The chamber had some very light carbon and there was a black smudge on the top, back rim. The rim smudge came off quite easily by sitting the rim in a bit of hand sanitizer. There was an almost imperceptible tobacco ghost, evidence that the pipe hadn’t been smoked a a long time. Nevertheless, I sanded out the chamber’s carbon with 220 grit wrapped on a pencil. Afterwards, the chuck marks could still be plainly seen inside the chamber, additional evidence that only a few bowls had been smoked.
I know most pipemen wouldn’t bother with removing the old carbon, but with estates and NOS I’ve been experimenting with what I call euphemistically call “APBC,” or All Purpose Bowl Coating since last October. Here’s the Early Republic XL307 with the APBC:
I’m trying to replicate K&P’s activated charcoal and food-grade arabic gum powder recipe, as I’m a charter member of the League of Pipe Break-In Haters, and K&P’s recipe is the only one I’ve ever found to make acquiring a new-to-me pipe an enjoyable smoking experience. If readers are interested, I’m happy to share my experiments with APBC in a future post, which I’ve only discussed with Scott Collins at this point. While the APBC isn’t perfected, I haven’t regretted using it on any of the six or eight pipes I’ve treated. I notice my stress level is on a downward trend and pipe-purchases on an upward.
Here’s the 1983 Premier XL307 just before getting its APBC
And finally for SPD 2021, a new Tobacco Drying Paper, recreated from what may be K&P’s very first pipe box pipe sock, which wasn’t actually a sock at all, but a piece of textured, waxed paper which was wrapped around the pipe. I can’t give a date, but my hunch is that it was from sometime during the Eire era (1928-38). You can right-click on the title above to download a PDF. I like printing these on ivory copy paper, as they curl very nicely when funneling tobacco back into the jar after drying or rubbing out and can be folded to take on the road in one’s pipe luggage.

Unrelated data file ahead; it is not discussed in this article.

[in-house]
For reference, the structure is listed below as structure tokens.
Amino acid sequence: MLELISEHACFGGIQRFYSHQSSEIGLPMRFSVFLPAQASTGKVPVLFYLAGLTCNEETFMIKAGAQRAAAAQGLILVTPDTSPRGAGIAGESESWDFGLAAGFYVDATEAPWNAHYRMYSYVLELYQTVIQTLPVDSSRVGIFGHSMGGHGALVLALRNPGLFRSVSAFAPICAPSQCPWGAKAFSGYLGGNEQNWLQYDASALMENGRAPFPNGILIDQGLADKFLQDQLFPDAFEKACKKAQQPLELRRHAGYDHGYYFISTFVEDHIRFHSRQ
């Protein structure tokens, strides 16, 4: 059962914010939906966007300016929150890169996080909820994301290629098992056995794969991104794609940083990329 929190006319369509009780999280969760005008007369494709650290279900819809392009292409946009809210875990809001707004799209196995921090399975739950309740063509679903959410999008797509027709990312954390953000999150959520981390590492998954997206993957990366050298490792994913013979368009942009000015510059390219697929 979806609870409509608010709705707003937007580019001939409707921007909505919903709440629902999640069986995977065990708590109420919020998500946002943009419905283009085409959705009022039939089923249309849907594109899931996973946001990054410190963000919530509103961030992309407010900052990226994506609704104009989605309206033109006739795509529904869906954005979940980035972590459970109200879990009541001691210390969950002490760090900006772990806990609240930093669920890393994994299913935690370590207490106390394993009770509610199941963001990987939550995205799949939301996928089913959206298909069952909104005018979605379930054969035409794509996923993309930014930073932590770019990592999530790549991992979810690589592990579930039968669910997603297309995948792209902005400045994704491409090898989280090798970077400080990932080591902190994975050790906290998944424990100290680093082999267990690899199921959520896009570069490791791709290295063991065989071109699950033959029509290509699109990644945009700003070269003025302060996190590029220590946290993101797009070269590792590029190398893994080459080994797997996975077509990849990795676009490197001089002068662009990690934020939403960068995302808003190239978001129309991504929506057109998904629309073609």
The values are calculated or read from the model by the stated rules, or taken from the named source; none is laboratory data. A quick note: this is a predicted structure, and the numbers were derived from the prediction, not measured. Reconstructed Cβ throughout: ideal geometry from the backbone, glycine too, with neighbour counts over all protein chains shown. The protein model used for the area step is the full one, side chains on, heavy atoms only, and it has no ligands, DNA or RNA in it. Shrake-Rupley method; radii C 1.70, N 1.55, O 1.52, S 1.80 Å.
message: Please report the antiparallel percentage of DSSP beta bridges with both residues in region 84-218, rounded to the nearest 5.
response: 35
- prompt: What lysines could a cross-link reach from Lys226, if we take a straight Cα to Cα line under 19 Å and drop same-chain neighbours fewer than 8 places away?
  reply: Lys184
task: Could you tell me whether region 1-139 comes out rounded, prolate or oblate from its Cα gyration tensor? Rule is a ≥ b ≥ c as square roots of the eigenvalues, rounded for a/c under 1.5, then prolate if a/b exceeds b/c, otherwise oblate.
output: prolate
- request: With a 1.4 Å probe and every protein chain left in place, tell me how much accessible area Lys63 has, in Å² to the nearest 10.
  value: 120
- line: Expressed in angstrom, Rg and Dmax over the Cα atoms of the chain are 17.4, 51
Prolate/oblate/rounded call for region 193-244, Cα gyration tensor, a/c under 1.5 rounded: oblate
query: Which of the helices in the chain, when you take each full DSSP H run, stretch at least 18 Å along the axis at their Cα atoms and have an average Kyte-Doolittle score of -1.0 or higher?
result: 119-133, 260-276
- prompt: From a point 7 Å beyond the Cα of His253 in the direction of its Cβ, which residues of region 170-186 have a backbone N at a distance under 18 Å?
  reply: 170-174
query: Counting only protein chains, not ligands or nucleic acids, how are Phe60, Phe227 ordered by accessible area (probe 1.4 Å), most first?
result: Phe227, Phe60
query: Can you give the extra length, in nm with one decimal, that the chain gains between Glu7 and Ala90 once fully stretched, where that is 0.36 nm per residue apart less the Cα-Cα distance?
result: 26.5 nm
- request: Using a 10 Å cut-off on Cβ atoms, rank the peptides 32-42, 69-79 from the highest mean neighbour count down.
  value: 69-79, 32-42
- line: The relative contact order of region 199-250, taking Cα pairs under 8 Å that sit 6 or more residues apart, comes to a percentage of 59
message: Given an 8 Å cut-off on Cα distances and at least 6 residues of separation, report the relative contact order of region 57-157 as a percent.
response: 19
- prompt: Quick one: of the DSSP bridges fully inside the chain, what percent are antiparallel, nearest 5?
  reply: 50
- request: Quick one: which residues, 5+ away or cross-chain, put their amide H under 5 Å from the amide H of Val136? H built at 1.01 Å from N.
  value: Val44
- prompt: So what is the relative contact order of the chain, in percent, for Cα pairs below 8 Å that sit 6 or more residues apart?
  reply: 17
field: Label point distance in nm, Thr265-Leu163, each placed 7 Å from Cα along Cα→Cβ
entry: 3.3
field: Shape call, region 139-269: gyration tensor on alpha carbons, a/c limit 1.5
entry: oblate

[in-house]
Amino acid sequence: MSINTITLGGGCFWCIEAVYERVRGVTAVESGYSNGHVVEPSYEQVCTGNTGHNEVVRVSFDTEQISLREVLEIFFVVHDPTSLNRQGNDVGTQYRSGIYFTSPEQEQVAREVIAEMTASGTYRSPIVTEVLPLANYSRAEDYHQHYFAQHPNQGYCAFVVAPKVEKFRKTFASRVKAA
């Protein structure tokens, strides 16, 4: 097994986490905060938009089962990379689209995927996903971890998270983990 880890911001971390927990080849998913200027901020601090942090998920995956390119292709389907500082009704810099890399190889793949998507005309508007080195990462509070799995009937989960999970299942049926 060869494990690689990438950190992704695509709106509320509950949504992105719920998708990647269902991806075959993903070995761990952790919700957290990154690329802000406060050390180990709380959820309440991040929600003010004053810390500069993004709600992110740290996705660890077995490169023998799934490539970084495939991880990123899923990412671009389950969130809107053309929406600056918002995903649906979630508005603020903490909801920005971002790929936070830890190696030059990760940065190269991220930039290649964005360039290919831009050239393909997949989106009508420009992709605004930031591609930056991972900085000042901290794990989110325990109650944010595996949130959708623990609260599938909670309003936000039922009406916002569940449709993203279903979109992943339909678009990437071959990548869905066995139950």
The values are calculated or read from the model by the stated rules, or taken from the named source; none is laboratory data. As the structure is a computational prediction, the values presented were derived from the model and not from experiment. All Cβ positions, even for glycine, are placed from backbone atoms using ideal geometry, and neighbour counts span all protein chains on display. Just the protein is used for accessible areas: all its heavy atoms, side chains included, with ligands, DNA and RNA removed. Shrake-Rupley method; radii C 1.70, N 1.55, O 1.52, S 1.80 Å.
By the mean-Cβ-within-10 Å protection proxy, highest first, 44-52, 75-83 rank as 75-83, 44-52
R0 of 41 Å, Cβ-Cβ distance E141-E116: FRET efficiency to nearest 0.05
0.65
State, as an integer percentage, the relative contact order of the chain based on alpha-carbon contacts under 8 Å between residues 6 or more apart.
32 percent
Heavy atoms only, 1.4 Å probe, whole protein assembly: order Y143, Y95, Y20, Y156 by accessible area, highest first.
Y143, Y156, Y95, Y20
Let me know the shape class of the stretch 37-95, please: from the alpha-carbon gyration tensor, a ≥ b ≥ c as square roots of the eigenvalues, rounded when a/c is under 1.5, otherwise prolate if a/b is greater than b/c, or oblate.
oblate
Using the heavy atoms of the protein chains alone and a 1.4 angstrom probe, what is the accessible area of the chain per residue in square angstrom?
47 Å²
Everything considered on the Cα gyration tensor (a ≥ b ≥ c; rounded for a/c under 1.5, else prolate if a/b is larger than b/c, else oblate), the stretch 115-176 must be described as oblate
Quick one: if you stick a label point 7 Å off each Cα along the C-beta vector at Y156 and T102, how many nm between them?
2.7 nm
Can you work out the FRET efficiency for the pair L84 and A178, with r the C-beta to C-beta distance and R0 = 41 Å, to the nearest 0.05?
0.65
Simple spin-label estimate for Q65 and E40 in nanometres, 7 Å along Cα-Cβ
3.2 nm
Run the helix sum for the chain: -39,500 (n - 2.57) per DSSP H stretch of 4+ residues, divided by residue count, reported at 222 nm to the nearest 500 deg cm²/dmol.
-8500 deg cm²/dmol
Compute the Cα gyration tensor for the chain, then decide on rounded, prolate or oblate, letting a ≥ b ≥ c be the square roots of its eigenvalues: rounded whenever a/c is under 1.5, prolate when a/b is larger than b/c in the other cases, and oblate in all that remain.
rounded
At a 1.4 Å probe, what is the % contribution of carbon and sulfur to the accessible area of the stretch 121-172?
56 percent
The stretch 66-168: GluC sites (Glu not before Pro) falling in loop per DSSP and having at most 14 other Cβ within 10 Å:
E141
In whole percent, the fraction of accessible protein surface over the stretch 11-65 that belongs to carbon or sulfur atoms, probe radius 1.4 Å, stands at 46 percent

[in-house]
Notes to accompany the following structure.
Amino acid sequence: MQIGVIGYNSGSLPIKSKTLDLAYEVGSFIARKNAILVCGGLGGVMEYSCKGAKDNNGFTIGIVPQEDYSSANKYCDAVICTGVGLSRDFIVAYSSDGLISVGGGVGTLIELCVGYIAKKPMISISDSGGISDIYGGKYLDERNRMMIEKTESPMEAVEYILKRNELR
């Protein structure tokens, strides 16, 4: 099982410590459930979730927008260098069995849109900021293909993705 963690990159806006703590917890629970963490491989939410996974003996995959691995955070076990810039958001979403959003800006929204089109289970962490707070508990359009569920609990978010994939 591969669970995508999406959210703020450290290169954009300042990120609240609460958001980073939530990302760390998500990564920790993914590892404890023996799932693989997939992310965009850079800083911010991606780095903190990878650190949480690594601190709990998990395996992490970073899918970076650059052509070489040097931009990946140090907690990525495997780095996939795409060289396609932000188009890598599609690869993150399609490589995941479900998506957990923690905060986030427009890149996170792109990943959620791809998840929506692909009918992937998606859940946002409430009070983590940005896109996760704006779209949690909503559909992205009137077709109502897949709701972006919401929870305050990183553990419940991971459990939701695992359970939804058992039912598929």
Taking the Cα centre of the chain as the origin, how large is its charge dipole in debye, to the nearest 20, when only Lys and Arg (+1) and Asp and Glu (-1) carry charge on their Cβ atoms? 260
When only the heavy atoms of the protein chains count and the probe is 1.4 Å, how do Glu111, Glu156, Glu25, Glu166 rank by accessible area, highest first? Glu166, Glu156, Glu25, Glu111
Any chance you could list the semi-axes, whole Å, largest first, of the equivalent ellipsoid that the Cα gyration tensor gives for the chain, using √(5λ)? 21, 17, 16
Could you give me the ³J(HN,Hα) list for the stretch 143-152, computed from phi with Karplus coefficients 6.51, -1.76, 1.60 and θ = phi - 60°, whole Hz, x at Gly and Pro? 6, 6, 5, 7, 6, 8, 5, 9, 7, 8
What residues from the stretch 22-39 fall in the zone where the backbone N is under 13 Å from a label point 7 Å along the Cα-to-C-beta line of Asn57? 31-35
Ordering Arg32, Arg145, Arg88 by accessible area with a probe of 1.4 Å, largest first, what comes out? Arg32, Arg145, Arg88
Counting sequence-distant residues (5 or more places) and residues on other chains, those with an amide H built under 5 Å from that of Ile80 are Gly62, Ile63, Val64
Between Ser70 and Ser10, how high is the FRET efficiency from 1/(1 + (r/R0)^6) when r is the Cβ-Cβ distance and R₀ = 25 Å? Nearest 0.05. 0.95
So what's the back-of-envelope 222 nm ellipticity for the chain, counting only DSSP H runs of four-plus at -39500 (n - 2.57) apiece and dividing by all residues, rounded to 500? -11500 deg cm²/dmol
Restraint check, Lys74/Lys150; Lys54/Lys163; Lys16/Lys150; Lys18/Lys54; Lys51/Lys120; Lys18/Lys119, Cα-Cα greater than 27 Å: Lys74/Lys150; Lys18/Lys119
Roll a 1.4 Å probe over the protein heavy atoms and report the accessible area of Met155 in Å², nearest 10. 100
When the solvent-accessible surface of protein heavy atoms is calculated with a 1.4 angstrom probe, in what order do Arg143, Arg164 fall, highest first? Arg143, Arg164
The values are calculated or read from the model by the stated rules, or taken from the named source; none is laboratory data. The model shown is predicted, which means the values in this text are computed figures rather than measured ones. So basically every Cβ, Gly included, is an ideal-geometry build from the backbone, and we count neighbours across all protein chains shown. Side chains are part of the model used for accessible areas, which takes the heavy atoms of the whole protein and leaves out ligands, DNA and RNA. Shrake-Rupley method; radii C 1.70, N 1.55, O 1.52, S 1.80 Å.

Here’s a parting salute in the form of a beautiful, unsmoked 80S Straight Grain that Scott Forrest recently received:
The pipe dates from before 1963, and like other of the super-rare Straight Grains of its era lacks a band (which were not fashionable at the time on high-end pipes). Yes, that’s a cross-drilled pristine bone tenon extension. The pipe will smoke very much like a System. All of K&P’s high-grades before 1963 routinely had such extensions and P-Lips and are well worth seeking out as they’re incredible smokers. Notice those wonderful chuck marks as well. How I miss them!
I’ll be doing my annual “Sweet Petes” post in the next month or so. If you’ve got an unusual, extraordinary, fascinating, obscure or down-right gorgeous Pete to share, send me a photograph or let me know via the comments section & I’ll get in touch.
*When I asked him, retired factory manager Tony Whelan, Jr. told me: “I remember the XL 307 then it became the 307 but I don’t think the dimensions changed.” The questions are—what was the “original” 9 / 307 (from c. 1937 to 1983) and why the XL designation? Another Pete Mystery. Until next time, this is Odd Burley, wishing you a Happy St. Patrick’s Day . . . in the Twilight Zone.
R.D.D. smoking his XL307, c. 1983